Supreme Court Allows Arbitral Tribunal to Determine its Own Jurisdiction
August 11, 2021
The NSW Supreme Court in CPB Contractors Pty Ltd v DEAL S.R.L.  NSWSC 820 recently considered and upheld the kompetenz-kompetenz principle, ordering that the proceedings in respect of pre-contractual representations be stayed and the dispute referred to arbitration. The kompetenz-kompetenz principle recognises that an arbitral tribunal is empowered and competent to rule on its own jurisdiction, including any objections regarding the existence or validity of an arbitration agreement.
CPB Contractors (CPB) and Rizzani de Eccher Australia (Rizzani) formed an unincorporated joint venture to tender for and deliver works in connection with the WestConnex M4 road widening project in Sydney. DEAL S.R.L. (DEAL) was engaged to provide designs and advice for the project and entered into formal agreements with the joint venture including a design Services Contract. However, by the time the Services Contract was executed, DEAL had completed almost half of the contracted works, including works for the tender of the project.
The Services Contract provided that its terms applied to ‘Prior Services’ performed by DEAL before the date of the contract. It also contained the following arbitration clause:
Any dispute, controversy or claim arising out of, relating to, or in connection with this Agreement, including any question regarding its existence, validity or termination must be resolved by arbitration …
CPB commenced proceedings in the Supreme Court seeking damages under the Australian Consumer Law, alleging DEAL’s designs and advice contained false representations which it relied on when finalising the tender. CPB claimed that, as a result, it suffered loss when the joint venture was unable to complete the works on time or for the cost estimated in its tender.
Relying on the arbitration clause, DEAL sought a stay of the proceedings and for the matter to be referred to arbitration, on the basis that:
- an arbitral tribunal should be permitted to determine its own jurisdiction to rule on the matters in dispute, in accordance with the kompetenz-kompetenz principle;
- the International Arbitration Act 1974 (Cth) required the Court to order a stay and refer the parties to arbitration because, on a proper construction of the arbitration clause, the dispute came within the arbitration clause and involved the determination of matters capable of settlement by arbitration.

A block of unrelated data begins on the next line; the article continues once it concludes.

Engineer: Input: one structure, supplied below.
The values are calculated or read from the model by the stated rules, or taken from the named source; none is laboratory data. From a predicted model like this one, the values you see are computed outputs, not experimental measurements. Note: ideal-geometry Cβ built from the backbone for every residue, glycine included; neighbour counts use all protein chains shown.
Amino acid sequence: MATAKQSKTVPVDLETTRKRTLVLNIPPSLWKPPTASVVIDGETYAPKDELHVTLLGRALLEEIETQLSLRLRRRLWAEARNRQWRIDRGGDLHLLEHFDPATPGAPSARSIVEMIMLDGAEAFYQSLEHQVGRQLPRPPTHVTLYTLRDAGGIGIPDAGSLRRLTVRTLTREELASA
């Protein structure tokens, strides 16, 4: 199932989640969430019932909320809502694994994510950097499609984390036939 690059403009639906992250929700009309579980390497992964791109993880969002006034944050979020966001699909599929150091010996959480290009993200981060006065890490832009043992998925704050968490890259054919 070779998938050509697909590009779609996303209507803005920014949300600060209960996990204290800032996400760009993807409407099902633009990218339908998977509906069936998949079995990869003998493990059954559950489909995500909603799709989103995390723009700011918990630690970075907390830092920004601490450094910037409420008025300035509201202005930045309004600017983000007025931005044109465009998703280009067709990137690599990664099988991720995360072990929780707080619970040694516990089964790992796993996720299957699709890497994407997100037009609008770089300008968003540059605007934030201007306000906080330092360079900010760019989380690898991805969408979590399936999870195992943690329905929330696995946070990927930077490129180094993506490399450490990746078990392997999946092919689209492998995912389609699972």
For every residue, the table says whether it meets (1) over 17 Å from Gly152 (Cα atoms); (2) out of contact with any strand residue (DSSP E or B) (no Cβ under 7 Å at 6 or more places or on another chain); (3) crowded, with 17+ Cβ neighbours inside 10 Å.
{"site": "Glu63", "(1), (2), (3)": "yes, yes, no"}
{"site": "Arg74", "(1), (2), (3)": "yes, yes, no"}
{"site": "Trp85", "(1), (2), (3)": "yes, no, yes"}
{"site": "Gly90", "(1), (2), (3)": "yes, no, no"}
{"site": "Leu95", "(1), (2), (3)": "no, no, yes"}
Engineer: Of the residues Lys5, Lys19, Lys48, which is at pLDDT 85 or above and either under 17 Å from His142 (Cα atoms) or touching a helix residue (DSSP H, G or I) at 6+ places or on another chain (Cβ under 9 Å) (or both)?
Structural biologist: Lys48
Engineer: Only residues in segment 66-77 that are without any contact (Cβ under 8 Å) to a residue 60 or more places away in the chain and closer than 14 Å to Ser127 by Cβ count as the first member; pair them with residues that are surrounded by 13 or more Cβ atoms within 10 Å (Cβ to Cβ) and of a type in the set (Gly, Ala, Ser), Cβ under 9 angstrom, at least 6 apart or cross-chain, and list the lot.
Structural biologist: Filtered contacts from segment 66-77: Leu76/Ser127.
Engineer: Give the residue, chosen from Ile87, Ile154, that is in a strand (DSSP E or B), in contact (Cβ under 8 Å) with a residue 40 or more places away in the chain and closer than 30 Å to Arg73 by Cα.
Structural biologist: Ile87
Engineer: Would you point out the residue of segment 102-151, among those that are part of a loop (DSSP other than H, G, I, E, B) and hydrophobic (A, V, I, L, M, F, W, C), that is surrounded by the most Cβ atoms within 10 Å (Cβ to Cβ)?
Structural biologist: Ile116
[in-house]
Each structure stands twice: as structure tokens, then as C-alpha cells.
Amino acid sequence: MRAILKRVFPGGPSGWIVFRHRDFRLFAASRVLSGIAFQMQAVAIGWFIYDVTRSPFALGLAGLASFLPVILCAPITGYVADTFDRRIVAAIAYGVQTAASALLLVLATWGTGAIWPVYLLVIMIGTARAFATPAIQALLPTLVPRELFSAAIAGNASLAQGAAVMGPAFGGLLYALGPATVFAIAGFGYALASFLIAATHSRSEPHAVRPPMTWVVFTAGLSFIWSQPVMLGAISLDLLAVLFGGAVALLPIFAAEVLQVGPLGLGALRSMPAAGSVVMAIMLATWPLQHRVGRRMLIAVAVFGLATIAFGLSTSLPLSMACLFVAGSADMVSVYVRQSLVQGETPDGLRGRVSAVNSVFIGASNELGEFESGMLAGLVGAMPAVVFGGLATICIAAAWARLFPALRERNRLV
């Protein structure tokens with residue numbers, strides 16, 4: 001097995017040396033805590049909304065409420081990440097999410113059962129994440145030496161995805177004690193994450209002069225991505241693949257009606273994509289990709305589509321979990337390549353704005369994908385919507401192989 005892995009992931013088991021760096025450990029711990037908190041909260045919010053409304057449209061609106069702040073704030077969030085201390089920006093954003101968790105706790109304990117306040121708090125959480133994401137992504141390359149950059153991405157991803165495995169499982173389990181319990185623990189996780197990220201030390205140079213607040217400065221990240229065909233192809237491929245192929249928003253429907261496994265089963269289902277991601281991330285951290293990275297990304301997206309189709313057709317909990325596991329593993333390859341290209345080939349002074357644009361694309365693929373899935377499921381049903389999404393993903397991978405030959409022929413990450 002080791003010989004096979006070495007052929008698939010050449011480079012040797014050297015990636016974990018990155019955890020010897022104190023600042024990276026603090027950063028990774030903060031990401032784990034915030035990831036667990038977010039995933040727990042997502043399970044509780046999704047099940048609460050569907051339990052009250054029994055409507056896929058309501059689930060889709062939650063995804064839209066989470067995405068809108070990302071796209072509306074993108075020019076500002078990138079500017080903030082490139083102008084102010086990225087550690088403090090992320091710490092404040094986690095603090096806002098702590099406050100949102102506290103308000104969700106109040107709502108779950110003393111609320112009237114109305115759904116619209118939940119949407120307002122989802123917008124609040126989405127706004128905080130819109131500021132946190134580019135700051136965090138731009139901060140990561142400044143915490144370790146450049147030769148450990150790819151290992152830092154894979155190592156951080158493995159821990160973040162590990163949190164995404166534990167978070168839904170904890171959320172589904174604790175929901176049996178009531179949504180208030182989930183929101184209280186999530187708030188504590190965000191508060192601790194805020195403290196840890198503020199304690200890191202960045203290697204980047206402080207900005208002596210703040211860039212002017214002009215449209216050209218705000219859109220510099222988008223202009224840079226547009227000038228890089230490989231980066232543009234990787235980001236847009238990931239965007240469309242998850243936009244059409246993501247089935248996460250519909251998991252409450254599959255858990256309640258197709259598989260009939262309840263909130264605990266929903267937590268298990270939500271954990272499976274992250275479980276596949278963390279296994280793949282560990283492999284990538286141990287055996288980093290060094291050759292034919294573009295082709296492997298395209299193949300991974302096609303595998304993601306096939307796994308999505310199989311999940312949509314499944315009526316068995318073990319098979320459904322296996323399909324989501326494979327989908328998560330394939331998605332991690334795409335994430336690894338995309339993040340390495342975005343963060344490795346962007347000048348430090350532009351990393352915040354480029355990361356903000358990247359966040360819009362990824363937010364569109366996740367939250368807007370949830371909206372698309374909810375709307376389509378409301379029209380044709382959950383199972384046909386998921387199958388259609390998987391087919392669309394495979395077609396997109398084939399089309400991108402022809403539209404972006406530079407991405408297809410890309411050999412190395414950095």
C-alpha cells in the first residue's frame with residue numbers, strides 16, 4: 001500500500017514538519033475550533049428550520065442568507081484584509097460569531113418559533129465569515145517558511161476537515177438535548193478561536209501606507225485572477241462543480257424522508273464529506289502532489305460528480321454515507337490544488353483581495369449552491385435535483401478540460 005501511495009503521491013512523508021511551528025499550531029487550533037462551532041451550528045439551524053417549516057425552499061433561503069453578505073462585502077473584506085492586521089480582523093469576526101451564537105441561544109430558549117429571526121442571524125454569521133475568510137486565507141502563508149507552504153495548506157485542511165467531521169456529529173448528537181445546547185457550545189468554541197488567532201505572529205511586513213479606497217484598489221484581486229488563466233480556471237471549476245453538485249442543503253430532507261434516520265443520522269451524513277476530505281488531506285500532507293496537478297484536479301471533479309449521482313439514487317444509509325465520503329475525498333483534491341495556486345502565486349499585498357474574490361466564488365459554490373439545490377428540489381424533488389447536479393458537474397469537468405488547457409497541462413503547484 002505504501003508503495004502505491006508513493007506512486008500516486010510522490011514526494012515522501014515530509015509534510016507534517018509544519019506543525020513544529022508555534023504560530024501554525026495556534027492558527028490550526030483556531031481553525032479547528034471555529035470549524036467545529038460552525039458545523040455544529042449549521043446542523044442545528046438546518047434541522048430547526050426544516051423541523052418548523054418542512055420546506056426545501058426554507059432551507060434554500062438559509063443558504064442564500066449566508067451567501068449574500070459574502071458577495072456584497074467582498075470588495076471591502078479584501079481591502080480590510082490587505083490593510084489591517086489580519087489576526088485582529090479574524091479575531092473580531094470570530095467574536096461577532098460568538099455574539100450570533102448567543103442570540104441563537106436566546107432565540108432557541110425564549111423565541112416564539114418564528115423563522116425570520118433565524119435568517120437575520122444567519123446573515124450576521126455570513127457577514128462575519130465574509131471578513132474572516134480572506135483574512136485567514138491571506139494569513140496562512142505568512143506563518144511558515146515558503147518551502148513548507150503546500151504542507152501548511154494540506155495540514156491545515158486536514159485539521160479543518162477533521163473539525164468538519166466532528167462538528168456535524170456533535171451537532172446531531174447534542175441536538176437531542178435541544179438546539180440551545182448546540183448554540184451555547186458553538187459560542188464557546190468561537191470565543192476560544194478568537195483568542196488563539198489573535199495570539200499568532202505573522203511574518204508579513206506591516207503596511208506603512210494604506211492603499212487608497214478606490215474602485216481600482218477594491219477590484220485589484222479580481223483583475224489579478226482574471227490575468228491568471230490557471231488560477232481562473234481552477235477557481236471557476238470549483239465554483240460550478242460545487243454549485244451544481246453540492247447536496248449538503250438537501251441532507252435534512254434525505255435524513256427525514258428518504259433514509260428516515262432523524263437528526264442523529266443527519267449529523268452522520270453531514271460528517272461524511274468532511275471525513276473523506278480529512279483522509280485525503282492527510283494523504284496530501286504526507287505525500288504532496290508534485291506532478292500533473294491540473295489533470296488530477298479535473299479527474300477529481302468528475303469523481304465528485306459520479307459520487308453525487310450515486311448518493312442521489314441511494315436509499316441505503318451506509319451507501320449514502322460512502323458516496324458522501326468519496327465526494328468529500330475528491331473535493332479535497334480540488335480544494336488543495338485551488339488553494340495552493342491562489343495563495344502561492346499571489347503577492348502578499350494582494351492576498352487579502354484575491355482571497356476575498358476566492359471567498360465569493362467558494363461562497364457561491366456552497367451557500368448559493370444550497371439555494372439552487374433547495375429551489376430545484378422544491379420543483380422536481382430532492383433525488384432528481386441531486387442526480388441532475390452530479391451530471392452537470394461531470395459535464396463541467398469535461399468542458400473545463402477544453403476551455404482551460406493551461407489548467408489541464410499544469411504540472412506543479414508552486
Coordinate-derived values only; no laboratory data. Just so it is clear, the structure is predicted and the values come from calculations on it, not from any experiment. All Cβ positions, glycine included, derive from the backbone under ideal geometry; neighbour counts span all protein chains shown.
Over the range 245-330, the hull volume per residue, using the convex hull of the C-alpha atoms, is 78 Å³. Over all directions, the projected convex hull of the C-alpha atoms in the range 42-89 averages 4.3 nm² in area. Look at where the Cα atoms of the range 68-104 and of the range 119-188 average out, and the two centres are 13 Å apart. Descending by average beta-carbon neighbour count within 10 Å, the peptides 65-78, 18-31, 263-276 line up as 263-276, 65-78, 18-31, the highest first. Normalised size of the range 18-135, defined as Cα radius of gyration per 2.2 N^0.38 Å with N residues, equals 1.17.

CPB argued, among other things, the arbitration clause did not apply because its claim concerned pre-contractual representations. Further, that the kompetenz-kompetenz principle only applied in respect of a challenge to the arbitration agreement.
The Court held that that the arbitrator has jurisdiction to determine both whether the arbitration clause is in existence and operative and also whether the dispute falls within the scope of the clause, and that generally these matters should be left to the arbitrator rather than the Court. Further, that CPB’s claim should be referred to arbitration as the arbitration clause was sufficiently broad to cover claims relating to pre-contractual representations, and the matters in dispute.
In reaching this conclusion, the Court adopted the approach of the Full Federal Court in Hancock Prospecting Pty Ltd v Rinehart (2017) 257 FCR 442 (Hancock) that placed significant weight on the authority of an arbitral tribunal and the kompetenz-kompetenz principle. The approach of the Full Court in Hancock is to refer questions of jurisdiction (including the scope of an arbitration agreement) to an arbitrator if there appears to be a valid arbitration agreement which, on first impression, covers the matters in dispute. Further, the Court should take a broad view in characterising the dispute, based on the materials available, rather than examining the merits of the case in detail.
In referring the dispute between CPB and Deal to arbitration, Rees J observed that the arbitration clause:
- should be construed like any other clause of a commercial contract, in accordance with the parties’ intention, objectively ascertained by reference to the language, the circumstances known to the parties and the commercial purpose;
- is to be given a broad and liberal construction, with a presumption that the parties intended all aspects of their relationship be determined by a single forum;
- uses phrases “of the widest import” that should not be read down unless there are compelling reasons to do so and, as noted above, was sufficiently broad to cover claims for misleading or deceptive conduct arising out of pre-contractual representations; and
- was agreed to with the knowledge that DEAL had already provided designs and advice.
The full decision can be found here.